There has been a lot of concern about what milk alternative to take since approximately 65% of the world’s population is lactose-intolerant.
Lactose is the main type of carb in all kinds of milk produced by mammals – humans, cows, goats, sheep, others.
Most people who routinely had milk with their morning cereal used whole milk. But with the increasing concern for fat in the diet and allergies, many people have switched to low-fat or skim milk.
The fuss about lactose?
Lactose intake is perceived to cause digestive issues in people with lactose allergies. Cow milk may be highly sensitive for patients who suffer from diarrhea, asthma, bloating and irritability.
While the general advice is to manage the symptoms by eliminating lactose in their diets, what then is the fate of people who totally relish milk and still want some of its unique nutrients? It is, therefore, to go for lactose-reduced milk.
Goat Milk as an Alternative for Lactose
There are great alternatives like goat’s milk to consider. A significant number of people are opting for it already.
Over the years, goat’s milk has proven to be a natural alternative to cow milk and can comfortably be consumed by many patients who suffer from cow milk allergies.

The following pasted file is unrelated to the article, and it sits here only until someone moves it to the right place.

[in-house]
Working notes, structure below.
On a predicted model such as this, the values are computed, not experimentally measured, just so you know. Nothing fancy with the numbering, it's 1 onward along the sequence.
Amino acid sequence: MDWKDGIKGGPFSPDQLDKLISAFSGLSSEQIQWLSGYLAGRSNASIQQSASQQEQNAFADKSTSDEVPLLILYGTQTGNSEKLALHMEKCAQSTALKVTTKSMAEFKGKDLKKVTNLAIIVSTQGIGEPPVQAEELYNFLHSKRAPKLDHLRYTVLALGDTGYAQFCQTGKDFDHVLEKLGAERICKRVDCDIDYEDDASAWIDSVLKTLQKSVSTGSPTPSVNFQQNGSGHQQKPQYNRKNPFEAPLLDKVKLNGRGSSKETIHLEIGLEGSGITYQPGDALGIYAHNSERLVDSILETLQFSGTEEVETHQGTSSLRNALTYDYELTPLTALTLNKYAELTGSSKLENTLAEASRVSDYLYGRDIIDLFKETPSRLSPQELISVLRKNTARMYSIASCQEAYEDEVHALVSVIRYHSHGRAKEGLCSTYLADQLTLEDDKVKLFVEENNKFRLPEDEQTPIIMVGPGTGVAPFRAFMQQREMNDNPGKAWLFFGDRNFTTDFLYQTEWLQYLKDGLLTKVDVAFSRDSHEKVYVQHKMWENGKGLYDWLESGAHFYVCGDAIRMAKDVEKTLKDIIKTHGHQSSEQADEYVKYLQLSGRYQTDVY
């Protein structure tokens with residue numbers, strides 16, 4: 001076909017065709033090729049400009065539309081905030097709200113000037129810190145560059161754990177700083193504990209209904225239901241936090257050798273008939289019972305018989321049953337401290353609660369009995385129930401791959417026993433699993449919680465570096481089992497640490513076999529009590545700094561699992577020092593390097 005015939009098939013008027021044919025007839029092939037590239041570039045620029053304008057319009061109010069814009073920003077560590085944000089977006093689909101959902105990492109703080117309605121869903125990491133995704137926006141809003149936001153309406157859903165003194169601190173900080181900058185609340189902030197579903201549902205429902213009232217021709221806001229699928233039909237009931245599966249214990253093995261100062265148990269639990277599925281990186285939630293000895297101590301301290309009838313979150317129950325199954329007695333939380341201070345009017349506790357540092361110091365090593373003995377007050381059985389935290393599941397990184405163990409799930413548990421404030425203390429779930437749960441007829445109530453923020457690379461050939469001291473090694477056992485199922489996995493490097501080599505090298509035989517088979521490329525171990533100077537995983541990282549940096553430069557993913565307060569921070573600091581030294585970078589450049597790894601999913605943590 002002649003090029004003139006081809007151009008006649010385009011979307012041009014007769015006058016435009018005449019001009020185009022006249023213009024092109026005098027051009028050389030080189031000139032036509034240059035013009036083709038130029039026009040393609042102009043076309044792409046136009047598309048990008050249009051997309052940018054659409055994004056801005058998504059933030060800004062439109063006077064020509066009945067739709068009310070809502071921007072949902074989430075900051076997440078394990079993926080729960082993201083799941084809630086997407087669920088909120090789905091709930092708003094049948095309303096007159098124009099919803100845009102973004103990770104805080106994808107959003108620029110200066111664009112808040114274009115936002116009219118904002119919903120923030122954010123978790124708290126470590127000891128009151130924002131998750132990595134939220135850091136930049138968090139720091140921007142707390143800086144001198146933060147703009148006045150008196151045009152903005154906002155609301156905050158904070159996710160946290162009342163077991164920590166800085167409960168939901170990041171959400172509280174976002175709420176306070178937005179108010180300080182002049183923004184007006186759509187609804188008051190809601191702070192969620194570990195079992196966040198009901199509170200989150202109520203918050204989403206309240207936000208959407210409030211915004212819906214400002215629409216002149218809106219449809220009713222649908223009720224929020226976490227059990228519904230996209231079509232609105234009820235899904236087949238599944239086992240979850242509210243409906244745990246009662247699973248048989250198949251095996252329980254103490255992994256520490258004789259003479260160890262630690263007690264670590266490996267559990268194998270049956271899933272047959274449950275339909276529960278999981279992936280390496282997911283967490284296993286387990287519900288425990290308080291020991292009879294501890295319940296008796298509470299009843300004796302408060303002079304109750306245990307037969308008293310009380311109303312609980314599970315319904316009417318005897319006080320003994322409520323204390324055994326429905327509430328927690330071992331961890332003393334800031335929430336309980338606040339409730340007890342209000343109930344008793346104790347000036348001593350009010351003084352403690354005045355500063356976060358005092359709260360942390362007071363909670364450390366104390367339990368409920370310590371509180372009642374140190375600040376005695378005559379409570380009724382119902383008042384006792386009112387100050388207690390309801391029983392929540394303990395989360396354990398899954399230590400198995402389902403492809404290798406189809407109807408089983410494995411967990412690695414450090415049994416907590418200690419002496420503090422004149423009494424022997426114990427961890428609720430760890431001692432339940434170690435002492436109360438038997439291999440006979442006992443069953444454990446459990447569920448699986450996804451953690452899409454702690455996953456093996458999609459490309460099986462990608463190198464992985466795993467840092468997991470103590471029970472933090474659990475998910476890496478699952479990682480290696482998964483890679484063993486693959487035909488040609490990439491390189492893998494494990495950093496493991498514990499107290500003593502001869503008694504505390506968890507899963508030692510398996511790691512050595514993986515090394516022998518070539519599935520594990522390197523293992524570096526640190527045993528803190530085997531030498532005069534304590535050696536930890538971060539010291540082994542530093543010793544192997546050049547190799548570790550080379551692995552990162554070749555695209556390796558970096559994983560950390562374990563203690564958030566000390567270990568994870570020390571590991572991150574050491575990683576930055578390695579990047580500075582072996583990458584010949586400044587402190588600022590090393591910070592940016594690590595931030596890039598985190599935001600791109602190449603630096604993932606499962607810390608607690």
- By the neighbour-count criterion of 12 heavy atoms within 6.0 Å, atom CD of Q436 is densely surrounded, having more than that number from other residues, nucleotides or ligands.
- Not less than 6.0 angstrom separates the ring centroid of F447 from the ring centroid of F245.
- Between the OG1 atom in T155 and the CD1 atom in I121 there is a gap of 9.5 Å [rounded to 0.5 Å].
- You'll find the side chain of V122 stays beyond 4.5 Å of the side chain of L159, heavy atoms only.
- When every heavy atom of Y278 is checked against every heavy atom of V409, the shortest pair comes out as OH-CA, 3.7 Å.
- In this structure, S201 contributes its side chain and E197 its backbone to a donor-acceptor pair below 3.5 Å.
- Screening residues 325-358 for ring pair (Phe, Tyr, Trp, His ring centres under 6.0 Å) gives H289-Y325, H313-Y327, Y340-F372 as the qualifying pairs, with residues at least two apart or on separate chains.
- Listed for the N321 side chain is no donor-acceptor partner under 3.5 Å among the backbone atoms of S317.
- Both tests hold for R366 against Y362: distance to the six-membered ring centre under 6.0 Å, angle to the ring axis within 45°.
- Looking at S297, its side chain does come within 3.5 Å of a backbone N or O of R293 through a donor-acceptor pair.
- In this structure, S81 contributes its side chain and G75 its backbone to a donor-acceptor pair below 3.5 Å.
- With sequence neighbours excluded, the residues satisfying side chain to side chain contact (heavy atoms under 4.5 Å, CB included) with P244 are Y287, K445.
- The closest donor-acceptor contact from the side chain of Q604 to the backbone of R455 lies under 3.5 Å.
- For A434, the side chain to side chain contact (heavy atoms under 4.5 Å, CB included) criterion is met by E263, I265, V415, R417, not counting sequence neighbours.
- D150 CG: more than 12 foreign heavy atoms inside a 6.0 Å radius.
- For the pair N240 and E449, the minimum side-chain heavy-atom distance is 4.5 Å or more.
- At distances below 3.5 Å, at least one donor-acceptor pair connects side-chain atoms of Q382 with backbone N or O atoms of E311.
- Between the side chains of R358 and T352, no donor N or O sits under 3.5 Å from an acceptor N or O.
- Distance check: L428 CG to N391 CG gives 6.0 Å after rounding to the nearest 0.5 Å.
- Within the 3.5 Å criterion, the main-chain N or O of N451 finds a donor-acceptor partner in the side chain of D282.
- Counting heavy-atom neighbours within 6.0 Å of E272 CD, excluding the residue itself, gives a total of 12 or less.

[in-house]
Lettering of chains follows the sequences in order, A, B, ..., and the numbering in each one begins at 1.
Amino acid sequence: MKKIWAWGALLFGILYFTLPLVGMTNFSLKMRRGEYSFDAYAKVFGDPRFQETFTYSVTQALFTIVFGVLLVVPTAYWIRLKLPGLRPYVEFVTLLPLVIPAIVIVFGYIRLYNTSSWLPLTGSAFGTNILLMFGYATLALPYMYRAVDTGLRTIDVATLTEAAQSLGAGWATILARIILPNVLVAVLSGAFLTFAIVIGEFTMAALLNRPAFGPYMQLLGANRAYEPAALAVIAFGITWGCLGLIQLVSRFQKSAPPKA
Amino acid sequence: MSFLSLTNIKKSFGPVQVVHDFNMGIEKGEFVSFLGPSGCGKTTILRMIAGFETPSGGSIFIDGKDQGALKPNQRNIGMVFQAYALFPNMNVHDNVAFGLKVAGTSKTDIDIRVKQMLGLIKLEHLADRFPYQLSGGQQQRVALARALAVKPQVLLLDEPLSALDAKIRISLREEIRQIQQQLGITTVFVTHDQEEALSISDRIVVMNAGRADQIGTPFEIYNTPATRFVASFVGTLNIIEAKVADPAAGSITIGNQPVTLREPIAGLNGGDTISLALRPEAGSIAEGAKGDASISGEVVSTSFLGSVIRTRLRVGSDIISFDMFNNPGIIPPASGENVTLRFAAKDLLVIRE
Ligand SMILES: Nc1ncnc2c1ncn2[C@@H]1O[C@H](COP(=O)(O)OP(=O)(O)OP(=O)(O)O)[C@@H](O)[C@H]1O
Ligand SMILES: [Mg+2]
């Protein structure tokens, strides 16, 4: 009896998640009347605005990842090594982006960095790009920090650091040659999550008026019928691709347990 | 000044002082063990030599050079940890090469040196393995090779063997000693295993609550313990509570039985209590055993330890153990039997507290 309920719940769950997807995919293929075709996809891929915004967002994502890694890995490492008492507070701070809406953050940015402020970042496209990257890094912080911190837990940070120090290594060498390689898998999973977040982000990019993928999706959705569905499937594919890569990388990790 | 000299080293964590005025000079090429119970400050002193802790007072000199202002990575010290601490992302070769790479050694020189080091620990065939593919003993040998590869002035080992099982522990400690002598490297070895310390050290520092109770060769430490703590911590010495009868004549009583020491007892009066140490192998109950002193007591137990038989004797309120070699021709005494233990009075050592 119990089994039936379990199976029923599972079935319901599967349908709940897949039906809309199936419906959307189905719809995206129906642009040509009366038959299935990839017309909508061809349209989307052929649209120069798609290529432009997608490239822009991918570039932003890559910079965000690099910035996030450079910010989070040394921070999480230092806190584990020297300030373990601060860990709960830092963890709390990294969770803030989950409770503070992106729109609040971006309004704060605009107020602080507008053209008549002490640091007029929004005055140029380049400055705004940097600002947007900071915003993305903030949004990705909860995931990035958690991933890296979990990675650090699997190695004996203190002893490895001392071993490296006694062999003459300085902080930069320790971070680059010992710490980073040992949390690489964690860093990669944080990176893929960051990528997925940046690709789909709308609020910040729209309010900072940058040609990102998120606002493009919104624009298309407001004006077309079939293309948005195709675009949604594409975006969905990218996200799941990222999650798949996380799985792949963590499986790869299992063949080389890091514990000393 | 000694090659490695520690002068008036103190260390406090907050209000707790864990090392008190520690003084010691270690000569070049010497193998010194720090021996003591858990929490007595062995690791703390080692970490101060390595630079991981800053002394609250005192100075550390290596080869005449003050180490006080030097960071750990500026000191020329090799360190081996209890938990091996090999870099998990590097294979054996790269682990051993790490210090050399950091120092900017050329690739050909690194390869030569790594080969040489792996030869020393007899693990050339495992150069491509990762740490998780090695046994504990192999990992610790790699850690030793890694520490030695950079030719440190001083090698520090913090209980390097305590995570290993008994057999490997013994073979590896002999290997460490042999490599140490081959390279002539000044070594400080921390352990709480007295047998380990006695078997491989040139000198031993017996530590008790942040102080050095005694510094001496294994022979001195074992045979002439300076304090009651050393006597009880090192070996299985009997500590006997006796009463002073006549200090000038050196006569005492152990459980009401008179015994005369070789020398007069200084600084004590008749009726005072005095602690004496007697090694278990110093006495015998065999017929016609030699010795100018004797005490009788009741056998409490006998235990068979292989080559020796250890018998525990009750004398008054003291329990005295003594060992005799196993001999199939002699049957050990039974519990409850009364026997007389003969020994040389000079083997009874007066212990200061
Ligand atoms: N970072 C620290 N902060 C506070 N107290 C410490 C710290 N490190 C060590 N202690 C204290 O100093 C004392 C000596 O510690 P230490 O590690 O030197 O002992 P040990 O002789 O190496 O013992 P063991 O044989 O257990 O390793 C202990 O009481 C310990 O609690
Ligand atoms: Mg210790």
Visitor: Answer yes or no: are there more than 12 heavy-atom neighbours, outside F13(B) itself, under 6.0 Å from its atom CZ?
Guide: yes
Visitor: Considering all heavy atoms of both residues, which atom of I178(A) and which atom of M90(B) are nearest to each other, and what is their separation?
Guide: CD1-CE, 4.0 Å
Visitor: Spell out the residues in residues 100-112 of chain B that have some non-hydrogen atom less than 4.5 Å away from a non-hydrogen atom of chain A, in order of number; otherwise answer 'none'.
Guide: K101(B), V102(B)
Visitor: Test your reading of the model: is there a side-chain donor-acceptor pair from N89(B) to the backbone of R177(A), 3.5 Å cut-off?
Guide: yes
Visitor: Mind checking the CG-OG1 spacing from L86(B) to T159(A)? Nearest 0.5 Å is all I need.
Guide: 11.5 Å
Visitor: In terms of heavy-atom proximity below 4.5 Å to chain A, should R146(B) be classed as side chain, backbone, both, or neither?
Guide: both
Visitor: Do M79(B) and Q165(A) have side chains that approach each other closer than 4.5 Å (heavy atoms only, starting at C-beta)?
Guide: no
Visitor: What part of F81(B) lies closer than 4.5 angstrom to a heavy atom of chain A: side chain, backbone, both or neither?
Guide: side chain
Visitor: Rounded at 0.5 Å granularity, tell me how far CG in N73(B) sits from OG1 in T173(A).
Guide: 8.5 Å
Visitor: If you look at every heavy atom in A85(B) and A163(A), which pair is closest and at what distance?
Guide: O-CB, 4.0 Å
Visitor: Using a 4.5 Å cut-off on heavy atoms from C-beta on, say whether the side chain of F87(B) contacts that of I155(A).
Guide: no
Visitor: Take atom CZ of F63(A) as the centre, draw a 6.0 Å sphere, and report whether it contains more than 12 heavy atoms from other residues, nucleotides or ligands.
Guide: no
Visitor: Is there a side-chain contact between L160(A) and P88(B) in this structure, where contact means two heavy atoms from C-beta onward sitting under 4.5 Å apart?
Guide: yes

You might say that goat milk just like every other milk contains lactose too, but many people with lactose intolerance can guzzle goat milk comfortably. This is because goat milk is more superior when it comes to digestibility. It’s easily absorbed compared to cow milk, leaving less undigested residue behind in the colon.
Goat milk is a nutritious dairy option for many patients of different age groups and lifestyle needs. It’s the truth. Goat milk is an excellent source of calcium important in the prevention of high blood pressure, osteoporosis and other bone-related problems. For menopausal women, goat milk is proven to provide 13% more calcium than cow milk and can be consumed comfortably even by those women with milk sensitivity. Goat milk is an excellent option for any patient who is cow milk sensitive and is necessarily concerned with obtaining adequate calcium from a natural dietary source.
Funnily, in some cases it may not even be that the patient is lactose intolerant at all. But instead, the patient may actually be reacting to alpha S1 casein protein, which is the major protein of the milk of cow. The symptoms are almost identical to those of allergies for lactose.
Bottom line is goat milk like the milk of human does not have this offending protein. This is the reason it’s a great alternative you can consider if you are allergic to cow milk.